The Eiffel Tower was built in 1889 and by the very next year it had several admirers in neighbors across the channel. Some saw the potential of a similar tower, a “Great Tower for London”. These illustrations are part of a catalog of competitive designs for the proposed tower released the following year. Some are hilariously derivative of the still brand new tower. Others, on the other hand, seem to belong to some sort of Victorian space-age. Regardless, in a strange way all of the designs seem to point to the importance and uniqueness of the original Eiffel tower, even at this very early age.
Every winter about 125 miles North of the Arctic Circle a hotel is built entirely out of snow and ice. While definitely a unique hotel, ICEHOTEL, as it’s called, is just as much an art project in its own right. In a way the structure is contemporary interpretation of traditional homes built of the same material. However, each year brings an entirely new design to the hotel. In addition to being filled with guest rooms and a bar, the art and design group at ICEHOTEL also work from a handpicked group of artists. The hotel becomes a temporary home to art and people, to be destroyed and rebuilt next year. [via]
Toshiko Horiuchi MacAdam began her career as a textile artist. While exhibiting a piece titled “Multiple Hammock No. 1″ a couple of children in the gallery asked if they could use it. Surprisingly she allowed the children to play on her sculpture. The amusing incident led to an idea, and her work has since become much larger and fun. Adding color, size, and interactivity, her work soon transformed from sculpture to public art and finally to playground. The playground pictured here is hand knit by MacAdam and located in Tokyo.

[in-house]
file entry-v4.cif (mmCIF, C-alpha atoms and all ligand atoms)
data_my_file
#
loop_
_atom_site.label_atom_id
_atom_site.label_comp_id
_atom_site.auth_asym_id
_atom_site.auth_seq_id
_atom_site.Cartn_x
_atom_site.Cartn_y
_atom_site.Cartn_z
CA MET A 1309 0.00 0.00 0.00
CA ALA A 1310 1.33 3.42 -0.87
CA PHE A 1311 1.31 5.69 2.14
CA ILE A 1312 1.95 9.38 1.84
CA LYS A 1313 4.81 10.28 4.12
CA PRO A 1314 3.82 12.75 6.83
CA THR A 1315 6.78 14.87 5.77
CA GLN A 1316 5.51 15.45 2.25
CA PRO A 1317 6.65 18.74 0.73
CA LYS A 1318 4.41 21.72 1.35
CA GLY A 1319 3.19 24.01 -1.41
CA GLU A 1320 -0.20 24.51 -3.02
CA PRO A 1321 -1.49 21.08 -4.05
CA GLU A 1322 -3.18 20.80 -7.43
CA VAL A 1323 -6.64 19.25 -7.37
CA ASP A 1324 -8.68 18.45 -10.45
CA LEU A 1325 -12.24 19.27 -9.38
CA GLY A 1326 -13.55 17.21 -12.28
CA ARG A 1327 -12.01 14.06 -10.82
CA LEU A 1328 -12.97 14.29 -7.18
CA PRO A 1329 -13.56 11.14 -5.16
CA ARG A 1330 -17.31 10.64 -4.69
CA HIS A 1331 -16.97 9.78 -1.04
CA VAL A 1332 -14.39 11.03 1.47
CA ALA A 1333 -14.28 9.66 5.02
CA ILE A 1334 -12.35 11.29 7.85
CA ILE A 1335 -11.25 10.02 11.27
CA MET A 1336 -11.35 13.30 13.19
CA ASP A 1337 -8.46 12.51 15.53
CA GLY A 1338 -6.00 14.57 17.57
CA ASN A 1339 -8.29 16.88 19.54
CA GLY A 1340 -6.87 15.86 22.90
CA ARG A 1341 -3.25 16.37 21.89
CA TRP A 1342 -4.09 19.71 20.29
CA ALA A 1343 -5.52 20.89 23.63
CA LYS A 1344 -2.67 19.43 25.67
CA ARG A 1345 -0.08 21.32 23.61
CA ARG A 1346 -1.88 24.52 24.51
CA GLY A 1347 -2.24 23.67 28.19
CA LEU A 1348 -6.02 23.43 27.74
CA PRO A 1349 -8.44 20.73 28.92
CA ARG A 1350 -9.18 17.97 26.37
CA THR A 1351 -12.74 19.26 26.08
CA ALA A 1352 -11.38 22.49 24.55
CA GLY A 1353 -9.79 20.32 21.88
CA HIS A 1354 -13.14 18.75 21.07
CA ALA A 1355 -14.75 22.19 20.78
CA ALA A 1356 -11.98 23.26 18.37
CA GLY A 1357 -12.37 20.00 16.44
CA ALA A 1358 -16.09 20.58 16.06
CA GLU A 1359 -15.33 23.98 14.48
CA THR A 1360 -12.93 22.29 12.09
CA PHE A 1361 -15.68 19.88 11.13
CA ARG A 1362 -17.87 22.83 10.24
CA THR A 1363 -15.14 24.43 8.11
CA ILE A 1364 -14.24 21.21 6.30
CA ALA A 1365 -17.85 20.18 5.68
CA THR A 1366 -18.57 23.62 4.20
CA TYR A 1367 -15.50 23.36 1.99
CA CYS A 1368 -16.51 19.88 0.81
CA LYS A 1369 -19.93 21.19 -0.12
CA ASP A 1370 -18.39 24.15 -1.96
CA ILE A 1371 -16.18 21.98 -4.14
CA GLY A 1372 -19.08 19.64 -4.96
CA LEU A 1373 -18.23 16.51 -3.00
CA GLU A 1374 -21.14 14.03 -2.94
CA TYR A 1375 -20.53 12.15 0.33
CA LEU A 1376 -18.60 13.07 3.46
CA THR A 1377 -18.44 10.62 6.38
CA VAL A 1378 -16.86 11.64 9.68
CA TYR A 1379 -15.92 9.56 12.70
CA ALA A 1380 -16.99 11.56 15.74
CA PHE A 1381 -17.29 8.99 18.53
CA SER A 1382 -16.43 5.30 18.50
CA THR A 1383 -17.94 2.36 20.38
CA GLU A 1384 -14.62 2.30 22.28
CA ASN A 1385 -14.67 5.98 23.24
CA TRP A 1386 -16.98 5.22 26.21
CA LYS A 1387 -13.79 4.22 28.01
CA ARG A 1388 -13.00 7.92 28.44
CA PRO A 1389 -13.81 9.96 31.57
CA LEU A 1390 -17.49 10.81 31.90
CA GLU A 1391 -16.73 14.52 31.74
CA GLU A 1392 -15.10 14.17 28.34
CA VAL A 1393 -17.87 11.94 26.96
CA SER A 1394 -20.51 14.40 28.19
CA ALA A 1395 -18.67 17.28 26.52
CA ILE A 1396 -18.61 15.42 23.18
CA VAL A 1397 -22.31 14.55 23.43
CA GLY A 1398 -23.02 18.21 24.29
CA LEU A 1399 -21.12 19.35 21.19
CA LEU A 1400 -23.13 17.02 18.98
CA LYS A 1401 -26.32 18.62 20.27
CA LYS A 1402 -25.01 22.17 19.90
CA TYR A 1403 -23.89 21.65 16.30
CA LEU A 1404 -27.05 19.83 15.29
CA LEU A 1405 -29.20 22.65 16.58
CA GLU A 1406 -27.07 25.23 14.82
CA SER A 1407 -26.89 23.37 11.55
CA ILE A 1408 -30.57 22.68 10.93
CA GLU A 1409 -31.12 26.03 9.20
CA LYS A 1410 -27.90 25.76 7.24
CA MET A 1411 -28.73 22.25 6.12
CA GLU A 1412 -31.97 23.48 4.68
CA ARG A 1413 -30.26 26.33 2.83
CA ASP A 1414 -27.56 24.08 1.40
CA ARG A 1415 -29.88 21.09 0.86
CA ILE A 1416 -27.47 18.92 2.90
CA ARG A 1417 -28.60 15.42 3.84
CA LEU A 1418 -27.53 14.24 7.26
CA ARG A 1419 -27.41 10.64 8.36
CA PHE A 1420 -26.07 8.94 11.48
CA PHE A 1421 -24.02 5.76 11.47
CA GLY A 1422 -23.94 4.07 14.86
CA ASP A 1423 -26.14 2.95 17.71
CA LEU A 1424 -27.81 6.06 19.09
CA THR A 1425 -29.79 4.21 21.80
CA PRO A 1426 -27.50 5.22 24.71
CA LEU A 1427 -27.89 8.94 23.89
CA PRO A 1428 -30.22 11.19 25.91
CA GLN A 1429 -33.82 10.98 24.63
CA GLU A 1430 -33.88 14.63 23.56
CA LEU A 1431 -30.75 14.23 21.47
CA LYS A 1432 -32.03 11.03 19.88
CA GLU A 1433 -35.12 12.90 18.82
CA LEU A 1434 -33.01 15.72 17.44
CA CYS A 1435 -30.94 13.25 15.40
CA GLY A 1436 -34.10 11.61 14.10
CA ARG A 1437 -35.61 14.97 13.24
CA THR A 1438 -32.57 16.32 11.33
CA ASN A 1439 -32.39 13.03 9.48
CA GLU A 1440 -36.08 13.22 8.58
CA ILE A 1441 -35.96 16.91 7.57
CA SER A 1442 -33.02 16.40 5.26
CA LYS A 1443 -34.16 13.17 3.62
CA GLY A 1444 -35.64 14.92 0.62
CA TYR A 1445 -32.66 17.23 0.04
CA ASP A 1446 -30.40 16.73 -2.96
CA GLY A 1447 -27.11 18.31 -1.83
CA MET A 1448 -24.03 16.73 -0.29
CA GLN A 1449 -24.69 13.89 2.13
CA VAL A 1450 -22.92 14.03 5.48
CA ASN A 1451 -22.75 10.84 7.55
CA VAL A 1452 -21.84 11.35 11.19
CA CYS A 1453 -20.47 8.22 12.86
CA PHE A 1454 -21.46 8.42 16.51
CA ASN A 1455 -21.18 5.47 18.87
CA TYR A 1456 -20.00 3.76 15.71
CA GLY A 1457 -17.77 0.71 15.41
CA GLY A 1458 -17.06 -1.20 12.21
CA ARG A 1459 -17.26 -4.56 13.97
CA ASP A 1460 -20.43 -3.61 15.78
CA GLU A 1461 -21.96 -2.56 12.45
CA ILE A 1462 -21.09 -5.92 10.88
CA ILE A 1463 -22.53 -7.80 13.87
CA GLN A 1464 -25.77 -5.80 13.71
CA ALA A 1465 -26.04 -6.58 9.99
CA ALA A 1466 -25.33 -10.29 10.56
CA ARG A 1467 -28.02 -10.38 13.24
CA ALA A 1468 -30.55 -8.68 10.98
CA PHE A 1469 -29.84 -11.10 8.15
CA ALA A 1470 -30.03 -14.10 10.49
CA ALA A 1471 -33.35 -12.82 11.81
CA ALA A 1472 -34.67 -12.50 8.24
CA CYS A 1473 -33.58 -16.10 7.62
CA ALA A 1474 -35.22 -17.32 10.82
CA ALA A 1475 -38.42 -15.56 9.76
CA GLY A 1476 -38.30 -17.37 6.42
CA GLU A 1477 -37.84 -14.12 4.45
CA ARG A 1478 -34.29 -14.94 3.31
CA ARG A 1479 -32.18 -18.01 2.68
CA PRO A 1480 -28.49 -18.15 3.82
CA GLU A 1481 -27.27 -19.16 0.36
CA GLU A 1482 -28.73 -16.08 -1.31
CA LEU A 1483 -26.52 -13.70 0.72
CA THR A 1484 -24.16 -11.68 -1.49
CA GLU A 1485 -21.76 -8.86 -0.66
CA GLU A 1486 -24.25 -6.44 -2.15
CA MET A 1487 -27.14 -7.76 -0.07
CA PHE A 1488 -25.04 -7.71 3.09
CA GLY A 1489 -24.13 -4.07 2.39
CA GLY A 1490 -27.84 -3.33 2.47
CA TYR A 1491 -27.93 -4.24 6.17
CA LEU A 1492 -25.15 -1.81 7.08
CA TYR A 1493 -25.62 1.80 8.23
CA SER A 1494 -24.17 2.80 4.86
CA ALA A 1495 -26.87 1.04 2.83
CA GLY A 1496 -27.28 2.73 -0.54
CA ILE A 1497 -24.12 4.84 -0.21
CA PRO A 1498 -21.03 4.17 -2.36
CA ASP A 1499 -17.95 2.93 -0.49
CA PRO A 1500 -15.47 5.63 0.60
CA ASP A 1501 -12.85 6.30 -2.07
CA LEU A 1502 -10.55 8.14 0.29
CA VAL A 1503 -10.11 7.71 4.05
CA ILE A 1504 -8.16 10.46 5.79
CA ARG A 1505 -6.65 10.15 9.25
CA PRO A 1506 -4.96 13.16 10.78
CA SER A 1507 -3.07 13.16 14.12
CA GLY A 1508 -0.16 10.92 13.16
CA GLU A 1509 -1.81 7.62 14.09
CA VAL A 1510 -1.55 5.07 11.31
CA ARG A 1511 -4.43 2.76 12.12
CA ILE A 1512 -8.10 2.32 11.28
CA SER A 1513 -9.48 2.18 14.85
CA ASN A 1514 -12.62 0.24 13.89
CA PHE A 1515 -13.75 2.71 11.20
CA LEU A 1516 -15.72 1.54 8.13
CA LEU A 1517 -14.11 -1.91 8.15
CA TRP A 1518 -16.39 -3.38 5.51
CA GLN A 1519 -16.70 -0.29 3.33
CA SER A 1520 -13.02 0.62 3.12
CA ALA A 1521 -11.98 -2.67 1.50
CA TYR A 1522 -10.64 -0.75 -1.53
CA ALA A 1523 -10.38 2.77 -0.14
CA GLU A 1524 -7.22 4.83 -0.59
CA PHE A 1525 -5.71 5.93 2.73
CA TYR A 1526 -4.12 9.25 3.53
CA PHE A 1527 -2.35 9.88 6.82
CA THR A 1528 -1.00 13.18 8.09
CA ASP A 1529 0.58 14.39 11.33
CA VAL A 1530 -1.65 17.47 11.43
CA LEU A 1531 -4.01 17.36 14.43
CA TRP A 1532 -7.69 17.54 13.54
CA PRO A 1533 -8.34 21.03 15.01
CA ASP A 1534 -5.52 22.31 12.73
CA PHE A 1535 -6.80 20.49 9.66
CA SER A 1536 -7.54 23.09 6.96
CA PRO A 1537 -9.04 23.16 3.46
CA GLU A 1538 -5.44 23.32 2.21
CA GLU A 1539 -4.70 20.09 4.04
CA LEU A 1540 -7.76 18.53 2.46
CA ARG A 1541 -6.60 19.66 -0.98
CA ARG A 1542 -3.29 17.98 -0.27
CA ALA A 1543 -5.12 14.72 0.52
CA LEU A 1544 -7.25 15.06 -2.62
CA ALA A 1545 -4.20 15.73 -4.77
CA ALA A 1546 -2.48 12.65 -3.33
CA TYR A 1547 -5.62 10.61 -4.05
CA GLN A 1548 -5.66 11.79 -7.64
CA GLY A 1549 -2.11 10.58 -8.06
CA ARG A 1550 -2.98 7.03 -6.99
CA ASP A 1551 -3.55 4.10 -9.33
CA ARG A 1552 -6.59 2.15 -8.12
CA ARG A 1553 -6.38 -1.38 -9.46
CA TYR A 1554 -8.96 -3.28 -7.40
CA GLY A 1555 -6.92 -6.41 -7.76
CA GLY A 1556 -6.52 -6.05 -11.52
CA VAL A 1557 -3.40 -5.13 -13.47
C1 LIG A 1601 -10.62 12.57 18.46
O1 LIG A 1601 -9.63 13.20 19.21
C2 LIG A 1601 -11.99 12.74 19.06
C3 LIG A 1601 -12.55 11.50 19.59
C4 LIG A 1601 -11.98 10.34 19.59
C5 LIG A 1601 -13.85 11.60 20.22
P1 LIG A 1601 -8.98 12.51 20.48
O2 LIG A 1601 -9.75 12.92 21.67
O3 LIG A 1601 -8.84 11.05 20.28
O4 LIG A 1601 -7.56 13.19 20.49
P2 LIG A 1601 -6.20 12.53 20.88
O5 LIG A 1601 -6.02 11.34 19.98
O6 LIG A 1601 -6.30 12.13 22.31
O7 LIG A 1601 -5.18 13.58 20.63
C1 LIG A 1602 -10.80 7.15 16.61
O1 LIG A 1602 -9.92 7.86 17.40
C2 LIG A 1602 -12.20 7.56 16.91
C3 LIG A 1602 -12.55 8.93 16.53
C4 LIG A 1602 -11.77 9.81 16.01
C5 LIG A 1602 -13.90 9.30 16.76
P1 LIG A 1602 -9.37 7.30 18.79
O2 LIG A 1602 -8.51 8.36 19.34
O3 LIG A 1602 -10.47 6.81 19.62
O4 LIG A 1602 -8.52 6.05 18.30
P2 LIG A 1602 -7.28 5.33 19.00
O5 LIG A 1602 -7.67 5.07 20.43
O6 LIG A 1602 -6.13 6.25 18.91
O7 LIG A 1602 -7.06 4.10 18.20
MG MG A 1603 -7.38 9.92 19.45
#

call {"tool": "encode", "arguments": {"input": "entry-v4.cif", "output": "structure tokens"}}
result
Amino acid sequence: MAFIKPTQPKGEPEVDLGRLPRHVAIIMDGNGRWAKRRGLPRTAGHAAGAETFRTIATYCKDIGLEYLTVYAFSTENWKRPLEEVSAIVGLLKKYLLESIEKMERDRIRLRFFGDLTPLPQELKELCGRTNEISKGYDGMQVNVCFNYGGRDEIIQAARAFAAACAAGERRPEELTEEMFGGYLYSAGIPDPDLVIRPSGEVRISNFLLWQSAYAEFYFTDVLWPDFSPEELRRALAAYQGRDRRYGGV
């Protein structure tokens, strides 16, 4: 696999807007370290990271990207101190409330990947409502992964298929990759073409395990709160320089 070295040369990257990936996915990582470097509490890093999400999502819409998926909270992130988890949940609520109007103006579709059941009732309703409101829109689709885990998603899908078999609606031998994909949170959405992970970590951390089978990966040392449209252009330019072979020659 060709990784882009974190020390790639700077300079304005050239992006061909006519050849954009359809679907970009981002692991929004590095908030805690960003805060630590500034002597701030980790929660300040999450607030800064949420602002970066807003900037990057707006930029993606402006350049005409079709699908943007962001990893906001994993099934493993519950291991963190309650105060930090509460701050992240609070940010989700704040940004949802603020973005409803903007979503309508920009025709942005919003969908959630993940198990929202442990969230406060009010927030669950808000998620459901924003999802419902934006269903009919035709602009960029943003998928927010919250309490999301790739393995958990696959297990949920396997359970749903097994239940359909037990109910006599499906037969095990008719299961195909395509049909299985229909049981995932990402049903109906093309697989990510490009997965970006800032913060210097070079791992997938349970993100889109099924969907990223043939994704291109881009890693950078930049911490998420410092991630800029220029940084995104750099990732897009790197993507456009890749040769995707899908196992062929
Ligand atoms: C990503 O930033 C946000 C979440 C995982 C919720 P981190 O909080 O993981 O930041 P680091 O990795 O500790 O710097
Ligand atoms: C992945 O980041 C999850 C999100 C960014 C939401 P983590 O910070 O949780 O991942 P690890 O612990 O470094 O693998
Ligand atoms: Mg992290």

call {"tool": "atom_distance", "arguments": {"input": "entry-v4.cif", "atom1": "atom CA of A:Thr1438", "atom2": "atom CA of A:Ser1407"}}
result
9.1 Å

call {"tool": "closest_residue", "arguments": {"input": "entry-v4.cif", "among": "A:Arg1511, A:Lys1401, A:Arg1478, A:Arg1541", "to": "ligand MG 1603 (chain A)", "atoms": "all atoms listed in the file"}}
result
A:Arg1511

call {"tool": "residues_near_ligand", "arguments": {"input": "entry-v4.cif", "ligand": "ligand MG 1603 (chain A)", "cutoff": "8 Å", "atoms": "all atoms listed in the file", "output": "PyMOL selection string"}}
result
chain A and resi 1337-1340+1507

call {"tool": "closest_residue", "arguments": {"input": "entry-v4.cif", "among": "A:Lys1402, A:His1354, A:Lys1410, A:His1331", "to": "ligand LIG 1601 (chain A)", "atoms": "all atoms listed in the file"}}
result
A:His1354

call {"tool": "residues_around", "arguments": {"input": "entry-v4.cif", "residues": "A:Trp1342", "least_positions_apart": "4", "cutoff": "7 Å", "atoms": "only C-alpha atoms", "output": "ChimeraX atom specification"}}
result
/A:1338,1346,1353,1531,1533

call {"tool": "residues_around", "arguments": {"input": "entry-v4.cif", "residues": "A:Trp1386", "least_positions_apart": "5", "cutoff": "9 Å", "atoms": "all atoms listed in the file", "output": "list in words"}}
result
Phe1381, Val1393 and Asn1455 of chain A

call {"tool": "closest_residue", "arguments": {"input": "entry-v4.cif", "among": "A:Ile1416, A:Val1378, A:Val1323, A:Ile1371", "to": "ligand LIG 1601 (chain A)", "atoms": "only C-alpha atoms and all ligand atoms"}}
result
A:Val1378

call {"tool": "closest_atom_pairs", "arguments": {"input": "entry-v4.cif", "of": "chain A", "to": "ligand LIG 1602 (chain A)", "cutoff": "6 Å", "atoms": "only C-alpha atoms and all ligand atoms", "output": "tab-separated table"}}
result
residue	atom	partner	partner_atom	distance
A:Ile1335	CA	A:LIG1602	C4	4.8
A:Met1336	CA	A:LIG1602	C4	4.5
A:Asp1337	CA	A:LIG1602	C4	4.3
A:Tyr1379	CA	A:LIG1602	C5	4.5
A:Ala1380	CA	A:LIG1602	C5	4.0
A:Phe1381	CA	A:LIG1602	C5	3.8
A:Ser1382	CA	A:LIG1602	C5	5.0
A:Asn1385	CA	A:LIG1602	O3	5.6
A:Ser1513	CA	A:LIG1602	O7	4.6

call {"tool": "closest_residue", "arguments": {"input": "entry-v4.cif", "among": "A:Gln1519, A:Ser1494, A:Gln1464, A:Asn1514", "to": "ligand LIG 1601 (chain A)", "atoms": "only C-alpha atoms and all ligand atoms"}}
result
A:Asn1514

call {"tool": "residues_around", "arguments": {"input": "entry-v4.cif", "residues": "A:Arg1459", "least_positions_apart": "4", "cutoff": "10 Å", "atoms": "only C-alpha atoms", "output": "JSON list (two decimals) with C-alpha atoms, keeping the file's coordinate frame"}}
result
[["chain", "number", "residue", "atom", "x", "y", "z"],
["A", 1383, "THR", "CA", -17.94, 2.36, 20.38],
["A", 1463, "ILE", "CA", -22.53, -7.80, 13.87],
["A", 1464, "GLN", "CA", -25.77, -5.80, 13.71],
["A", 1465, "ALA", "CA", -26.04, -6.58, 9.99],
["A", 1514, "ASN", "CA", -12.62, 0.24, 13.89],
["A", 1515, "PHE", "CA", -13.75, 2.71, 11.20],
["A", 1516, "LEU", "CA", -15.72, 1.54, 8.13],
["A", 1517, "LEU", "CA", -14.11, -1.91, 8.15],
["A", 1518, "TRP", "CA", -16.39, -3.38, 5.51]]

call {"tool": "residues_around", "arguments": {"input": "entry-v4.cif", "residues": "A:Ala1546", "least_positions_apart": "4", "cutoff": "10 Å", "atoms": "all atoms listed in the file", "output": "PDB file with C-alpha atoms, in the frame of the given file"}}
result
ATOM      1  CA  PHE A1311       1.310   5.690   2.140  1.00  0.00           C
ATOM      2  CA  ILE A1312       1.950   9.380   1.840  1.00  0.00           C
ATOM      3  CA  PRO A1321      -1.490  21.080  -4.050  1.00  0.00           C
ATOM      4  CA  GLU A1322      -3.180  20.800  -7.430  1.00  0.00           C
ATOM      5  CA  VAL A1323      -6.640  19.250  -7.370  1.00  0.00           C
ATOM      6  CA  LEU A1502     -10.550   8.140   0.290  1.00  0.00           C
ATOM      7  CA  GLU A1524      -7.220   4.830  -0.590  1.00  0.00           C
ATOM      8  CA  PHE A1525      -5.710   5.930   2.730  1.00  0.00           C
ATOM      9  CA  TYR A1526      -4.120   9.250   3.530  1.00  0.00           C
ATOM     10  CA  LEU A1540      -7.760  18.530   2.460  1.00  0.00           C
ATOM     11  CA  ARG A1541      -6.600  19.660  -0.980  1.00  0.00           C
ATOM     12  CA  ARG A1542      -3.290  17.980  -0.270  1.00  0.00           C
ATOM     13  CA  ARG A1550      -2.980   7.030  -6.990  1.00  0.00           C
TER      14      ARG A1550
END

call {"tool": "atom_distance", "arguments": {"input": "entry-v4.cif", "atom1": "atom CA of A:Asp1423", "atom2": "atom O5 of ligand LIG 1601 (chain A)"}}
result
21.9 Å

Slovenian architecture firm OFIS won an architecture competition for low cost tiny tourist housing with their honeycomb-inspired design. If urban population density keeps rising, which it should and will (fingers crossed), this is the future! Once you’re done with the honeycombs, check out their other projects, they’re wild! (via)
With its fantasy spaces that tell of architecture, design, and cultural landscapes, Italian artist Guido Bagini’s works play with the powers of collective imagination. His images evade the rules of orthogonal perspective and of gravity, as well. The objects—most of them fragments of modernist furniture and architecture—seem to float freely in abstract compositions, creating an unusual sense of depth. This is underscored by the artist’s ample use of glossy enamel paint on matte, cardboard-colored backgrounds.
Gorgeous fragmented mixed media abstractions by Josh Reames reference everything from architecture to graffiti.
Vhils doesn’t just apply his street art on top of walls but actually carves into them creating a permanent site specific image that is ingrained onto the surface of the buildings. Becoming one with the pre-existing architecture Vhils chips, scratches, and cuts away at the walls revealing images that were there all along but that no one could see.